Driving from San Francisco to Monterey reminded us that we were living in a densely inhabited part of the world. We were used to empty roads in Australia, New Zealand and, even, Hawaii. But the coastal bit of California is full of people and cars.
Eventually we got to Monterey which seems a remarkably well heeled town. It has, for California, a long history, and is the place where the flag of the USA first flew in what had been part of Mexico. That was 1846, which is a very long time ago for California.
Monterey is on the coast and just offshore is a whale highway with lots of different kinds of whales heading north in spring time and south in autumn. So we decided to go on a whale watching trip. As far as whales were concerned it was a dismal failure. We saw the breath of what we were told was a Grey Whale, and glimpsed the back of another but nothing that could be photographed. But we did see a pod of Risso’s Dolphins which have a very shark-like fin.
And some Sea Otters.
They get shellfish from the sea bed then lie on their backs using a pebble to extract the food from its shell.
But the stars of our trip were the Californian Sea Lions which have taken over Monterey harbour. They are all over the place- on buoys,
on the breakwater, in vast numbers,
and on any convenient surface,
convenient for the sea lions, that is.
Sea Lions and Sea Otters were in danger of extinction not so long ago; obviously their numbers have increased enormously.
Harbour Seals have also recovered their numbers and we saw some just along the shore from the harbour – I don’t think the sea lions would let them into the harbour!
Monterey is a big fishing port, but it was even bigger in the first half of the last century. Cannery Row, John Steinbecks novel, is set in Monterey, and the street with all the fish canneries has been renamed after the novel. And at the end of this street is the Monterey Bay Aquarium.
This puts on a marvellous show with all sorts of marine creatures on display. Their specialities however, seem to be jellyfish and sea horses.
There are several sorts on display.
Sea horses are, in general, less spectacular than the jelly fish, but there are exceptions.
There are lots of other fish on display but those from the nearby kelp forests caught my eye.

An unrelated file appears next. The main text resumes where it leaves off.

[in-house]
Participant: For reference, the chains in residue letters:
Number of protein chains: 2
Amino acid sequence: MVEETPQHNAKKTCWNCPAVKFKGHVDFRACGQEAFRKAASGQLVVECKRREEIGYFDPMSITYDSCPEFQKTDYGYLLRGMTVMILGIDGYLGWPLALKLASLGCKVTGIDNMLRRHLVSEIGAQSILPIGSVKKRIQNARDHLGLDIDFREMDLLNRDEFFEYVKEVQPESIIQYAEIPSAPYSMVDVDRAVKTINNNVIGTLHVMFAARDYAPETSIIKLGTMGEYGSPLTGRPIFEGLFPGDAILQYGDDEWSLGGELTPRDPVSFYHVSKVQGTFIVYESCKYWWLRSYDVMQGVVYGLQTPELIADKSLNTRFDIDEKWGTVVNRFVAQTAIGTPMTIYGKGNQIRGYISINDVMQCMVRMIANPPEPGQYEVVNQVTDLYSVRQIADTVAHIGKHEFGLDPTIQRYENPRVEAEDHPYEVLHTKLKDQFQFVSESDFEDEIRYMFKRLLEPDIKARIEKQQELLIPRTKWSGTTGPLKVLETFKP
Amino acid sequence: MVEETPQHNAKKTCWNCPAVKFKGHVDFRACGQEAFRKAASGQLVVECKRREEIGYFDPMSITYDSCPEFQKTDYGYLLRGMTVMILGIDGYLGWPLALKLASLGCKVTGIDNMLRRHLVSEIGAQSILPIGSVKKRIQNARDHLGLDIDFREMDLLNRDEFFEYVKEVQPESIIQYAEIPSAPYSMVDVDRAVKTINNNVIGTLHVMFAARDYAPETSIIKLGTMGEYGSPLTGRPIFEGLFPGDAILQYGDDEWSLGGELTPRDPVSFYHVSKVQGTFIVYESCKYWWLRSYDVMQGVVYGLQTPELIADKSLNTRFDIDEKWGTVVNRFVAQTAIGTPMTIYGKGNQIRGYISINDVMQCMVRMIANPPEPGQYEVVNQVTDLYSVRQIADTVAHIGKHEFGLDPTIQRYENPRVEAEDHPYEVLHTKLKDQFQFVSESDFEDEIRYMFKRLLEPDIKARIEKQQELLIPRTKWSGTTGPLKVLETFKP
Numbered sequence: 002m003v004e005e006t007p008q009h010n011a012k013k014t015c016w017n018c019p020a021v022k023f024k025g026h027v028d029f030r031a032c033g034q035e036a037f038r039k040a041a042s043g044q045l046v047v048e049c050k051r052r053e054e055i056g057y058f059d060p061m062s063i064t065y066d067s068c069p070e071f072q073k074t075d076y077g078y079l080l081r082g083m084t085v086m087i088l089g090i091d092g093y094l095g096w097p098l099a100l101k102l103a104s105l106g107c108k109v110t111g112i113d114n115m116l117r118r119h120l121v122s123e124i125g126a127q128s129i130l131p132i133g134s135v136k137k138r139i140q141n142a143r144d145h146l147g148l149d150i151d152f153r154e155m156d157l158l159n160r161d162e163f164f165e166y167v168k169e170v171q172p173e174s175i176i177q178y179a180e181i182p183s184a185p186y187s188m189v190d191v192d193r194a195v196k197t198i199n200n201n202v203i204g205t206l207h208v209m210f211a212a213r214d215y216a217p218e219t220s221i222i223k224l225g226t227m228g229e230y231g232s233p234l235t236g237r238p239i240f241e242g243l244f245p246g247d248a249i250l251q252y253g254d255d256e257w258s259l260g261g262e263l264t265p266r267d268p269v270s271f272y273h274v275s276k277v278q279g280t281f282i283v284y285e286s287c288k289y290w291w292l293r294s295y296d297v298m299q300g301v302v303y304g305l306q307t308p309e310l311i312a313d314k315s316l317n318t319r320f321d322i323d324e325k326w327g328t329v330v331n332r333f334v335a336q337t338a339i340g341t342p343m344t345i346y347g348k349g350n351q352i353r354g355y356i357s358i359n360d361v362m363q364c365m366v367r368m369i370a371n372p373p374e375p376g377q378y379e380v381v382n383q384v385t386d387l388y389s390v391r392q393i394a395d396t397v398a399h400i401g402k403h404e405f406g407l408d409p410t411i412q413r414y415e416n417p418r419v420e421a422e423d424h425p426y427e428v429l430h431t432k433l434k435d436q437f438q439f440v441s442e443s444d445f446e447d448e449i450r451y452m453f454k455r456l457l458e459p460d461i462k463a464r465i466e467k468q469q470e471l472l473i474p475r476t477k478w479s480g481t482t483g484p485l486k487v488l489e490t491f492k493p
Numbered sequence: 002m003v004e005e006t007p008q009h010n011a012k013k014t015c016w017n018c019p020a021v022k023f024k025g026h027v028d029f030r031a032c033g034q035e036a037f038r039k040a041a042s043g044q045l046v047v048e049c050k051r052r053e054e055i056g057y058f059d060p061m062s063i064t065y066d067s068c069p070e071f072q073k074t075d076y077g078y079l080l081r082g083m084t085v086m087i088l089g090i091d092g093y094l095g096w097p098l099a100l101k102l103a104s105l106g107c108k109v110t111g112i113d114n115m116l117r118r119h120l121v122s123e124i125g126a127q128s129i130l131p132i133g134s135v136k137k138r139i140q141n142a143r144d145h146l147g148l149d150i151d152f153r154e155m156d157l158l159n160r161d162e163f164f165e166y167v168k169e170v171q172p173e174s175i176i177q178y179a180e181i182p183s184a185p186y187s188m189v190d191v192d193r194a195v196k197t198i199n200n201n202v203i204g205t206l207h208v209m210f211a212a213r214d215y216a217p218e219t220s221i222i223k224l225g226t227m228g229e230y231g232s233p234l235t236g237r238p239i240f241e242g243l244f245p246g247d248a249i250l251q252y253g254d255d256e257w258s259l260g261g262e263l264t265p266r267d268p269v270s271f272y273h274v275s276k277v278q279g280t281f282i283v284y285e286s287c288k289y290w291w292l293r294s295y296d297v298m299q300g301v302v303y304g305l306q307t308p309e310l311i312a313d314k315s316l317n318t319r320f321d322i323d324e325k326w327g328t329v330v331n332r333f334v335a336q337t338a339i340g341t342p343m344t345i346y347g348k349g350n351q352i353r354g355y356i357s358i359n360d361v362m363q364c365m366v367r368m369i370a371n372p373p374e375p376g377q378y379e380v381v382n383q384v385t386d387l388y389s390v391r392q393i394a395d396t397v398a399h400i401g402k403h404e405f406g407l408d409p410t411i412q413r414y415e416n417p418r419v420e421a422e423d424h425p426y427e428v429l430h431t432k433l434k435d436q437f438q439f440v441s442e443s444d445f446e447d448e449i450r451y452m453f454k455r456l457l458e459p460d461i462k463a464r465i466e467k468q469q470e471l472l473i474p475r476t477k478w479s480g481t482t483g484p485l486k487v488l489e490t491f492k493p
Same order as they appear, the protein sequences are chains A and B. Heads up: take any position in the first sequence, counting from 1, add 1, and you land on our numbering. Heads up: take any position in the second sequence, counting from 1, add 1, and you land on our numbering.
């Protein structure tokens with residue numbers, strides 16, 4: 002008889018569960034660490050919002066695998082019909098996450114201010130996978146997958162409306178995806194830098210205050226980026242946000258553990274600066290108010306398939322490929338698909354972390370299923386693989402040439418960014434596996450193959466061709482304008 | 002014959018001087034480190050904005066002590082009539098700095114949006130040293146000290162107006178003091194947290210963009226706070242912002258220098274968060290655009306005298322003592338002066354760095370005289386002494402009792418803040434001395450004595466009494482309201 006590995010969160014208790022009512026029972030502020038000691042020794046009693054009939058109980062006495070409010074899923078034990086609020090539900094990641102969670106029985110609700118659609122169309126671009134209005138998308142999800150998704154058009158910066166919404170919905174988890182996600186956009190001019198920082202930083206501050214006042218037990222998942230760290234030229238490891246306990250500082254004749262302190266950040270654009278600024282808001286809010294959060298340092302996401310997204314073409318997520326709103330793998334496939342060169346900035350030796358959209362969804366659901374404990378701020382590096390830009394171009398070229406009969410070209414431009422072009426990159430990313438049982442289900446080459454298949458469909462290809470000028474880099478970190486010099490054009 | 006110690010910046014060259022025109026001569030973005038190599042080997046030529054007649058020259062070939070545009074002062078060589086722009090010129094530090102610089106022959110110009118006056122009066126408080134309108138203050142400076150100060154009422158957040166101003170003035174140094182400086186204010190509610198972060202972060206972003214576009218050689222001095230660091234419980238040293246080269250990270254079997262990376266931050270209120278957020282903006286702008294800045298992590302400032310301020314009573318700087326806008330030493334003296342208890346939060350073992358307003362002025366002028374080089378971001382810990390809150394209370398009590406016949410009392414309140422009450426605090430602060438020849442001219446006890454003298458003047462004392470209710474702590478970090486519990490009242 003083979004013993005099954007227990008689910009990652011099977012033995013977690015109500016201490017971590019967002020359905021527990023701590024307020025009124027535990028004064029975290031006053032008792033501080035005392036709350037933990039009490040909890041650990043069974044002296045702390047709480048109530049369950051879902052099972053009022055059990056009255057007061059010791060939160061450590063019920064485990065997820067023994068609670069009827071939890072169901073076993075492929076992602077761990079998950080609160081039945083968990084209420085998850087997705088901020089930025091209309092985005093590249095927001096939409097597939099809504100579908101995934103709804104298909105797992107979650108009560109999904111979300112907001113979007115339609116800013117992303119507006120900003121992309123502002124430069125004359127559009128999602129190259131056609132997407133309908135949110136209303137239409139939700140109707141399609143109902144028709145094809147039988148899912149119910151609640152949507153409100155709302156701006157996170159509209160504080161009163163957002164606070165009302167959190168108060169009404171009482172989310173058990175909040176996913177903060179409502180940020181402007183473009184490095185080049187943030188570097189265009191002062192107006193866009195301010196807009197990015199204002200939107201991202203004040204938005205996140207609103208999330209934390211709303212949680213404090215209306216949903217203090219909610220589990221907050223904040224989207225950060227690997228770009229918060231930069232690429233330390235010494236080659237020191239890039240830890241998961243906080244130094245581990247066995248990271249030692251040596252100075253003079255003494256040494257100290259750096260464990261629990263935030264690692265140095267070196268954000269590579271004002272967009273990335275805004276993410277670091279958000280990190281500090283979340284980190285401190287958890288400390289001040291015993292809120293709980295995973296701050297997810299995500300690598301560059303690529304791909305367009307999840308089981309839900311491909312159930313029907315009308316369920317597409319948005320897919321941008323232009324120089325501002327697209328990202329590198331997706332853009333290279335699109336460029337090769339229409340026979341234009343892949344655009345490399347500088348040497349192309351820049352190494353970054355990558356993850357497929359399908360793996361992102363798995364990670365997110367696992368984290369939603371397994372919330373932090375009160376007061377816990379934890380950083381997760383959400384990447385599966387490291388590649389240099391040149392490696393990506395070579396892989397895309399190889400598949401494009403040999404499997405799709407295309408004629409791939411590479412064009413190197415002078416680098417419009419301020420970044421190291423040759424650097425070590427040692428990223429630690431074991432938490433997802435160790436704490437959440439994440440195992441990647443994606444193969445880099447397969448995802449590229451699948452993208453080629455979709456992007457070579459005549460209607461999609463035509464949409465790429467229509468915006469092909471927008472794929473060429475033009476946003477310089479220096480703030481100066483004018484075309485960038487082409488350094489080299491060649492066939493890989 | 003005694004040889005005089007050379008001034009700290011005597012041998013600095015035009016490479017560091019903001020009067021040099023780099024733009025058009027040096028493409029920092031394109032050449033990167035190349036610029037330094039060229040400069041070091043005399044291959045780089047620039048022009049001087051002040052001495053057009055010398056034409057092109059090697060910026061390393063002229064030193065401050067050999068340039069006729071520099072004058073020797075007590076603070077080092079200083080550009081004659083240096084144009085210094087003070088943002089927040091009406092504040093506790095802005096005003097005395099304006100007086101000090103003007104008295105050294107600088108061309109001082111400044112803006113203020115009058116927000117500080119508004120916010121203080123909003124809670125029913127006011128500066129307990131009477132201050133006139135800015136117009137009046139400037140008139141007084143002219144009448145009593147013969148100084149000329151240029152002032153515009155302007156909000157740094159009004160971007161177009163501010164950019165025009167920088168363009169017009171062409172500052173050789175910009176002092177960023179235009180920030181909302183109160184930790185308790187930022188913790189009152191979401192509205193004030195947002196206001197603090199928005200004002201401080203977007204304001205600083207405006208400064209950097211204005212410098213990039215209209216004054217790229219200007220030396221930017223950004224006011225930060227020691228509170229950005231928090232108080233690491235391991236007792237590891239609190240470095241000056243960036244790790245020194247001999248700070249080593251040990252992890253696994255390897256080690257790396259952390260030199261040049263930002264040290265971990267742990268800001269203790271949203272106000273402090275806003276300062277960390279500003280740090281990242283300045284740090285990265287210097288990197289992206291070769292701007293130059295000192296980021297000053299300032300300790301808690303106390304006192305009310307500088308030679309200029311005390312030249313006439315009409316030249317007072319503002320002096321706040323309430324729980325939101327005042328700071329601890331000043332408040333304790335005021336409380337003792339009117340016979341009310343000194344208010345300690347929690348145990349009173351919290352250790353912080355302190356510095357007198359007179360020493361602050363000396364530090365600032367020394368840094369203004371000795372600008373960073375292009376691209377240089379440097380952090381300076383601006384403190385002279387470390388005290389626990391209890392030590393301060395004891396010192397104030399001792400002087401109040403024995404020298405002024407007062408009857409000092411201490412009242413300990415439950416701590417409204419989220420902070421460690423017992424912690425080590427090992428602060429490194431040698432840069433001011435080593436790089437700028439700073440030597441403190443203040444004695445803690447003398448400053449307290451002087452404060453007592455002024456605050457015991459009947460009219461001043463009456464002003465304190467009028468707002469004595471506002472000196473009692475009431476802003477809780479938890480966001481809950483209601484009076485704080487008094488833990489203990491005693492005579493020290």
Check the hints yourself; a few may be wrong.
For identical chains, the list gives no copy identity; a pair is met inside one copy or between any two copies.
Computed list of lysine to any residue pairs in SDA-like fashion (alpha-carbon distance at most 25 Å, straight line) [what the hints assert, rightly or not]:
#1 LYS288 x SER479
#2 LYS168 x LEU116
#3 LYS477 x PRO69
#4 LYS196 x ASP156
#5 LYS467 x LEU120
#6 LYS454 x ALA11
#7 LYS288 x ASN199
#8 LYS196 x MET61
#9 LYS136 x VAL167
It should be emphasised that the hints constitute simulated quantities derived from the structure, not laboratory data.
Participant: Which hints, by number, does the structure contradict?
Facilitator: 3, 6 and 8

And, having come from various coral reefs, I was impressed with their reef displays.
There is a lot more to Monterey than just whale watching and aquariums – there are some rather good restaurants and Pebble Beach golf course is just along the coast, but we eventually set off further south to Xanadu. Well actually not there but the place which inspired it in the movie “Citizen Kane” – Hearst Castle.
To get to the castle you have to park at the visitor centre and catch a bus up a very winding road to the “Castle”. William Randolph Hearst, who built the place stayed there as often as he could and invited guests to stay, and to keep him entertained. So there is Hearst’s “house” modelled on a Spanish cathedral, and several guest houses. He bought works of art from all over Europe to furnish the place and had others made to order.
His inspiration was eclectic and Greece inspired his outdoor swimming pool.
The front of Hearst’s house is rather grandiose.
And this is continued into the living room.
And the dining room.
Chris and I got some interesting ideas for decoration when we find a place to stay.
Hearst had a strong sense of taste and some of it was good, some less so. And he had the money to indulge it
We left the castle and went a couple of miles up the coast to see another conservation victory. This is the survival and spread of Elephant Seals. These were almost extinct a few years ago but a ban on hunting has seen their survival and multiplication.
Their numbers are now considerable.
But they are still ugly beasts. No doubt their mothers love them.
Then we headed south to Santa Barbara and, the next day, San Diego, of which more in the next post.